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One of the meanings of chivalry is a collective of knights (whence ‘cavalry’): gentry stands as a collective for gentlemen. The word gentleman, in its social sense, is nowadays likely to evoke mentally one of two prototypes, both for most of us culled principally from the literature of the nineteenth and early twentieth centuries. One is the ‘officer and gentleman’ (until

in Gentry culture in late-medieval England

Concerns of linguistic, cultural and military incursion from France emerge more frequently in the wake of the Seven Years’ War. In the literary arena, one of the ways in which these concerns are marked is through the highly-contested national stakes of chivalry. This essay argues that these national stakes of chivalry are negotiated in the realm of the Gothic romance in a particularly fluid and dynamic manner. Addressing recent critical assumptions about the conservatism inherent in prose treatments of medieval chivalry, the essay explores the possibility that Gothic romance recuperates a more positive version of chivalry in the wake of the famous Burke/Wollstonecraft revolutionary debate of 1790.

Gothic Studies
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Chapter 6 The Chivalric Code ‘Religion’, ‘war’, and ‘chivalry’ are three words without which the late medieval mind cannot be understood. After religion, chivalry was perhaps, in the words of the great Dutch historian Johan Huizinga, ‘the strongest of all the ethical conceptions which dominated the mind and the heart’ of late medieval man. From the eleventh to the fifteenth centuries, the chivalric ‘code’ determined the way in which western nobles fought and behaved in battle. It was an ideal, a concept to which men should aspire – although whether they could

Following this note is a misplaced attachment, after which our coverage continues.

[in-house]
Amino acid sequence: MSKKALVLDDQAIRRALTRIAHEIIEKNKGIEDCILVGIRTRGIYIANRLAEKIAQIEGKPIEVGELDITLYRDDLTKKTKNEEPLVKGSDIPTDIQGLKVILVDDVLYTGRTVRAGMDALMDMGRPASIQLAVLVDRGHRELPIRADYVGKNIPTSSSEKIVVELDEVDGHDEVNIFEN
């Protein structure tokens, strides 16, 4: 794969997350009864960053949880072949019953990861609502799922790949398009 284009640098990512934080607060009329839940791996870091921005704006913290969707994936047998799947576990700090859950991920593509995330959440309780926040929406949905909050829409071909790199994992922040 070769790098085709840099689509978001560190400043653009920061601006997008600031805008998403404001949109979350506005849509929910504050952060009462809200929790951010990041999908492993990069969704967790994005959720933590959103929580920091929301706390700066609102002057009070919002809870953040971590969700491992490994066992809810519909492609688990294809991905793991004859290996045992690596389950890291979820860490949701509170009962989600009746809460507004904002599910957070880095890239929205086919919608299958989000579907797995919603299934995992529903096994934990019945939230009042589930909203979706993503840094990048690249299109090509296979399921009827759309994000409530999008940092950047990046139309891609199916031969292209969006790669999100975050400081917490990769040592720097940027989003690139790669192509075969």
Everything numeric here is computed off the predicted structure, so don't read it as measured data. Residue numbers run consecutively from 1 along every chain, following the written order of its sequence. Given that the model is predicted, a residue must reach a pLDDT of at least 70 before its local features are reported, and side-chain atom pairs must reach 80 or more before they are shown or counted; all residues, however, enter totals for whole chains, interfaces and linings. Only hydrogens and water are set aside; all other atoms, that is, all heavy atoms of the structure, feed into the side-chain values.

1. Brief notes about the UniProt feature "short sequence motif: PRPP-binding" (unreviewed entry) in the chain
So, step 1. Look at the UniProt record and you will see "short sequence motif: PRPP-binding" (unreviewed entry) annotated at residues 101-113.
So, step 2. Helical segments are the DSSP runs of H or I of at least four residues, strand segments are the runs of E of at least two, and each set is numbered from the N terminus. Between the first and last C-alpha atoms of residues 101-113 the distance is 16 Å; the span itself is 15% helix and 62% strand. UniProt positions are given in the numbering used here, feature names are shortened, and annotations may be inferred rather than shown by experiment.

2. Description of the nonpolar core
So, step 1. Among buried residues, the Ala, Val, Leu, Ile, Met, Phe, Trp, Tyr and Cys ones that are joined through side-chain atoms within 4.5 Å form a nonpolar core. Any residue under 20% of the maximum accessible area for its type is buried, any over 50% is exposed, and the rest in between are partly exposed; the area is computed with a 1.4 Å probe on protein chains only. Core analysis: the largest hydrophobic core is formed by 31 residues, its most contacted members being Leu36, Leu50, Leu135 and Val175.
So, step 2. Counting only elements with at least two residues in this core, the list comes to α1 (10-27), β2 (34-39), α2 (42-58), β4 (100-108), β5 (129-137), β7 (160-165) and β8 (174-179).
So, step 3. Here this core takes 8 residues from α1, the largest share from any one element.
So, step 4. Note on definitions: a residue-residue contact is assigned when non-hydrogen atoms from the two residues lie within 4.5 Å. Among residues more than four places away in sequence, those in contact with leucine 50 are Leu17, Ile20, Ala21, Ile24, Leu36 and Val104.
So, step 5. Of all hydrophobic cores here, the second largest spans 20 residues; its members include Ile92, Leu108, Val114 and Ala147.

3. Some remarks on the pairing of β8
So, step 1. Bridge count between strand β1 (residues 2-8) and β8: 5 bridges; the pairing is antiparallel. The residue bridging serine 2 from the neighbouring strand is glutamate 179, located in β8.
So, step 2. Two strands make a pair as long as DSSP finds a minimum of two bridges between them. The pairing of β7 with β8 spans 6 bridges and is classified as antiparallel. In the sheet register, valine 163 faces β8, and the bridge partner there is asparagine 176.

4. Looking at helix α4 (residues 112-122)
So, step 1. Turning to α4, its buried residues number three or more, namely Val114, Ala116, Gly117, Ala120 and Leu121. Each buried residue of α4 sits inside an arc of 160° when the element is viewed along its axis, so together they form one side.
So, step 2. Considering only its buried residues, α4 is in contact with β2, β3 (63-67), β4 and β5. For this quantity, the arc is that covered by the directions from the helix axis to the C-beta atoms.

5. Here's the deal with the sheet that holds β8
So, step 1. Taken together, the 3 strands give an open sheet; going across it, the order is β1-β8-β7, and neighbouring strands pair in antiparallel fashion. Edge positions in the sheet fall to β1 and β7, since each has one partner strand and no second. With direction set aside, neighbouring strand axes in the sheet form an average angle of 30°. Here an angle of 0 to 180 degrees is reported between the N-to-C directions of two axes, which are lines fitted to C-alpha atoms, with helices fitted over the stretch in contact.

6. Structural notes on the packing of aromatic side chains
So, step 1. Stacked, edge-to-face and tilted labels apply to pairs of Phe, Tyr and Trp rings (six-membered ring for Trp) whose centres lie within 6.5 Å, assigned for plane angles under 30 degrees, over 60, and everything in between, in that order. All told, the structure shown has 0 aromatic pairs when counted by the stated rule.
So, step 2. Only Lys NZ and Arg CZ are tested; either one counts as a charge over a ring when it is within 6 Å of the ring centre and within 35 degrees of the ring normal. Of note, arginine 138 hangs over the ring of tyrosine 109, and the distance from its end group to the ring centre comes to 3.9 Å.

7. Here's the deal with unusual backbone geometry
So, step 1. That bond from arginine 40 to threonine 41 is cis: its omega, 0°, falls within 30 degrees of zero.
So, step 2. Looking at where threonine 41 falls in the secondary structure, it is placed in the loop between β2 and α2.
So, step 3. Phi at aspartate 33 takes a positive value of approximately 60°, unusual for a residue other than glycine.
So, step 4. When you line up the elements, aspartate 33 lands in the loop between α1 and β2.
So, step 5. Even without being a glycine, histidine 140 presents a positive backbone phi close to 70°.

in Munitions of the Mind

exhaustion, but treated their wives as beasts of burden. 2 One could easily find a ‘strapping young man swinging a cane leading his women to market, bent and deformed beneath 80 lbs. loads of firewood and produce’. 3 Olive Grey awaited the day when ‘chivalry and the tenderness begotten of Christian training’ would reform African men. 4 ‘Wife of a Settler’ in 1931 explained the implications of mixed

in The souls of white folk

150 Ballads and songs of Peterloo 5 j ‘Those true sons of Mars’: chivalry, cowardice and the power of satire Perhaps unsurprisingly, given its title, this is the longest chapter in the book, comprising seventeen poems, with many in other chapters also warranting a place here. As Scrivener aptly notes: Parody, burlesque, and other satirically humorous forms are perhaps the most successful genres of reformist poetry. The implied reader of this comic verse is an already committed reformist, so that the object of such poetry is not to persuade but to delight.1

in Ballads and songs of Peterloo
Nation, History, Gender

This essay discusses the ways in which different models of historical and social development, and especially of the relationship of the Gothic past to the present, might be seen to structure – and help us now to interpret – eighteenth-century Gothic fiction. It begins with an account of the representation of ‘Gothick days’ in James Beattie‘s poem The Minstrel (1771–4), and then gives an overview of how‘ Scottish’ conjectural histories attributed a pivotal modernizing role to feudalism and chivalry, in some cases defining an exceptional Gothic legacy with particular reference to the agency and influence of women. The essay concludes by suggesting that critical attention to different accounts of social development, and contemporary ‘histories of women’, might help to provide a better literary-historical map of eighteenth-century Gothic fiction, and a richer sense of the cultural and political work that that fiction may have performed.